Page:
So, as singers - how do we find some answers and figure some things out for ourselves?  Of course, having that team of teacher/coaches around you will also help!

As with type in Music Theatre, your fach is gonna change!!! As your voice continues to find its depth and strength and development, this often indicates you may move from a certain set of roles to another.  Not always, but often.  If you stay within a fach, you will just inform it more thoroughly as the voice settles.

And here is what drives me nuts...personal pet peeve: WE ARE NOT ALL DRAMATIC VOICES!!!!! and guess what?! IT IS OKAY!!!!!!!!

Bigger is NOT better if you aren't physically or vocally built to be a dramatic voice.  What happened to being in love with being a soubrette??? I would like that to be okay again...

So - perhaps the first and foremost thing is this :  STUDY.  Develop that voice, see where it is and see where it MIGHT be.  I often see singers who try to jump into repertoire that is beyond them right away, and end up crashing and burning because they tried to walk before they crawled.  Often, what has to happen then, is going back and learning to crawl.  Learning those roles that lead into the next, in order to develop the necessary vocabulary and language - vocally, stylistically etc - to bring authenticity.

STUDY TRADITION.  This is important for several reasons: know where these roles originated and who was singing them and why.  Recognize that the singing athlete today is NOT what went on 50-60 years ago, so begin to develop a compare and contrast of what was considered the norm then and why and how it differs today.  

STUDY CHARACTERIZATION.  Fach is THEATRICAL device.  Recognize HOW it has been used, how it continues to be used, and how it is often used differently from country to country. And in North America, how it can be different house to house!

DISCOVER HONESTY.  This is the hardest one.  KNOW YOUR VOICE.  Be honest with yourself. Be TRUE with yourself.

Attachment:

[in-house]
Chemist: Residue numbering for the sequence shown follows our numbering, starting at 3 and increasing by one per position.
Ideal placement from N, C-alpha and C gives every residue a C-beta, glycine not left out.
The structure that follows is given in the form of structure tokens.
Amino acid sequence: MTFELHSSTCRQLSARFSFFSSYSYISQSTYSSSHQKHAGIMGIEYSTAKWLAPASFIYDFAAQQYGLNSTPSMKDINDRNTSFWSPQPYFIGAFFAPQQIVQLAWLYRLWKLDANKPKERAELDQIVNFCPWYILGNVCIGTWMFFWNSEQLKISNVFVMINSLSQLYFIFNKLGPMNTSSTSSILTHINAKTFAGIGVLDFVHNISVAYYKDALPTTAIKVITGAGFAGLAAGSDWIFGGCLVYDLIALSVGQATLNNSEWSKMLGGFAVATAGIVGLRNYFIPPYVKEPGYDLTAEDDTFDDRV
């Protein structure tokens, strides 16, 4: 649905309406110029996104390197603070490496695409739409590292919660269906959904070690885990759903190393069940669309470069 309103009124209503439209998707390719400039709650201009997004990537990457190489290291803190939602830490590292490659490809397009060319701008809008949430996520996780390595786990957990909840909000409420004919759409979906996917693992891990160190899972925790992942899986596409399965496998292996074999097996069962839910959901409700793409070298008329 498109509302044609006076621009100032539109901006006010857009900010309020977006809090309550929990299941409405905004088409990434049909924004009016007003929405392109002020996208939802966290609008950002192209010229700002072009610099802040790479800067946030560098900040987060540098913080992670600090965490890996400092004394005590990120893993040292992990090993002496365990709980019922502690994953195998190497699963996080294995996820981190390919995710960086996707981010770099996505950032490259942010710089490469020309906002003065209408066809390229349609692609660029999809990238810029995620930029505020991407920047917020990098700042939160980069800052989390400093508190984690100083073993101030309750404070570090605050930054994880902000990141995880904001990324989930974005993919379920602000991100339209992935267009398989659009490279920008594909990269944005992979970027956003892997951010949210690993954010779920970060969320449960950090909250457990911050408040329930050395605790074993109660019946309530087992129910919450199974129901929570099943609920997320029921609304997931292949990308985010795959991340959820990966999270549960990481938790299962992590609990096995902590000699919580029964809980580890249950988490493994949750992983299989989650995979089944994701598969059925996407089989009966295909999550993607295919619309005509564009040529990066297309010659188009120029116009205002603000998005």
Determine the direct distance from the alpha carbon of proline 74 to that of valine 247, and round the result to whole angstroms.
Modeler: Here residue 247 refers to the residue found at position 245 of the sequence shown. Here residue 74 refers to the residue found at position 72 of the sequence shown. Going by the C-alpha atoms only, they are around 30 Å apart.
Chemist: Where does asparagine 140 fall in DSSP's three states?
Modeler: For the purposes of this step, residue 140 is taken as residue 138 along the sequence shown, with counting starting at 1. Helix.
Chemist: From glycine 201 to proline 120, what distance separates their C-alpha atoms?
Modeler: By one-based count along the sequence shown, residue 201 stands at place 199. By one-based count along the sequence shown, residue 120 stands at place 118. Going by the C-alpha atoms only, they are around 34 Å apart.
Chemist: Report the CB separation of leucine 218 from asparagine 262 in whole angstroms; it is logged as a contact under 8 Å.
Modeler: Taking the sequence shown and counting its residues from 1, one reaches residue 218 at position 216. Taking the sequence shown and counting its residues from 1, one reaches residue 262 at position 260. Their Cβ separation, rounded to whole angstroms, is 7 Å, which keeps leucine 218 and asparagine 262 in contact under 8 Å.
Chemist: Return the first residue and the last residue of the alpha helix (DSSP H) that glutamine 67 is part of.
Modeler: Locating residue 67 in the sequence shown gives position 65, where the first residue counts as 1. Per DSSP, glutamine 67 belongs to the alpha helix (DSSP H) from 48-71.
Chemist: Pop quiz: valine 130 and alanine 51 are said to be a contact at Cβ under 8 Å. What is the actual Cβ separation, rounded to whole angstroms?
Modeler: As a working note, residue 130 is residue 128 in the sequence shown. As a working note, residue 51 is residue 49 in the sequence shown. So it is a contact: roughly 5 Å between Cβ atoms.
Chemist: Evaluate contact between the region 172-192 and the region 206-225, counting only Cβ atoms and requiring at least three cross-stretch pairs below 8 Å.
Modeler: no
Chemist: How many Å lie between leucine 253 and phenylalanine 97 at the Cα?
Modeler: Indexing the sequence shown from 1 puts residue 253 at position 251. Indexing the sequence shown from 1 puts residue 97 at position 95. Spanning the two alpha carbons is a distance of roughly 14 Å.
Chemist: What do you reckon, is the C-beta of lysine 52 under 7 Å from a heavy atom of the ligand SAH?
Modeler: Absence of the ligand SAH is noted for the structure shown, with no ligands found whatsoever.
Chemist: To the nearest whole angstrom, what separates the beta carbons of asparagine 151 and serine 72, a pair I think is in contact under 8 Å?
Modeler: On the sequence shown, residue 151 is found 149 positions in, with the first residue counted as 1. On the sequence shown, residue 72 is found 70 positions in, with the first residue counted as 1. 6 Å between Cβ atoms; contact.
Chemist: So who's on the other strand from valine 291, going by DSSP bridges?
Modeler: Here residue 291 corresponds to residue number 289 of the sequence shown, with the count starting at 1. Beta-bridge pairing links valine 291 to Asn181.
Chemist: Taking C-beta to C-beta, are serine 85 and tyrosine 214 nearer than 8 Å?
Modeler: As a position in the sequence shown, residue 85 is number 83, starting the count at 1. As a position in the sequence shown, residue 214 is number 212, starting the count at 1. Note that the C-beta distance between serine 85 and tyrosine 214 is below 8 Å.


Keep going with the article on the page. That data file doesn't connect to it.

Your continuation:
Another pet peeve - young singers who think they NEED to fach themselves too early in their development.  DO NOT PUT YOURSELF IN A BOX!!!!  There always seems to be a need to say "Hi I'm so-and-so and I'm a such-and-such soprano".  I am amazed as I consult with younger singers how micro-fach they become  "Hi, I'm so-and-so and I'm a full lyric moving into spinto with a dash of dramatic and on good days slight coloratura soprano".

I feel like I am at Starbucks ordering a voiced-latte!!!

I would like to suggest to you, that ALL voices if developed well, need to find lyricism, fioritura, dramatic depth, and physicality and commitment.

What if you don't NEED to be ANYTHING as a young singer?  What is you JUST SING and find that voice first and learn to sing?

As you develop the voice and find its true balance, and discover the character in the voice and its relationship to your physicality, perhaps the roles and fach you can explore will become apparent from the inside out.  

If we begin with arias being simply notes on a page, anybody can sing the notes.  But that is just the beginning.  Then, can you sustain the athleticism physically and vocally, not to mention, artistically for that role? And can you be heard through an orchestra the size that the composer wrote for, in a house that you need to sing in today?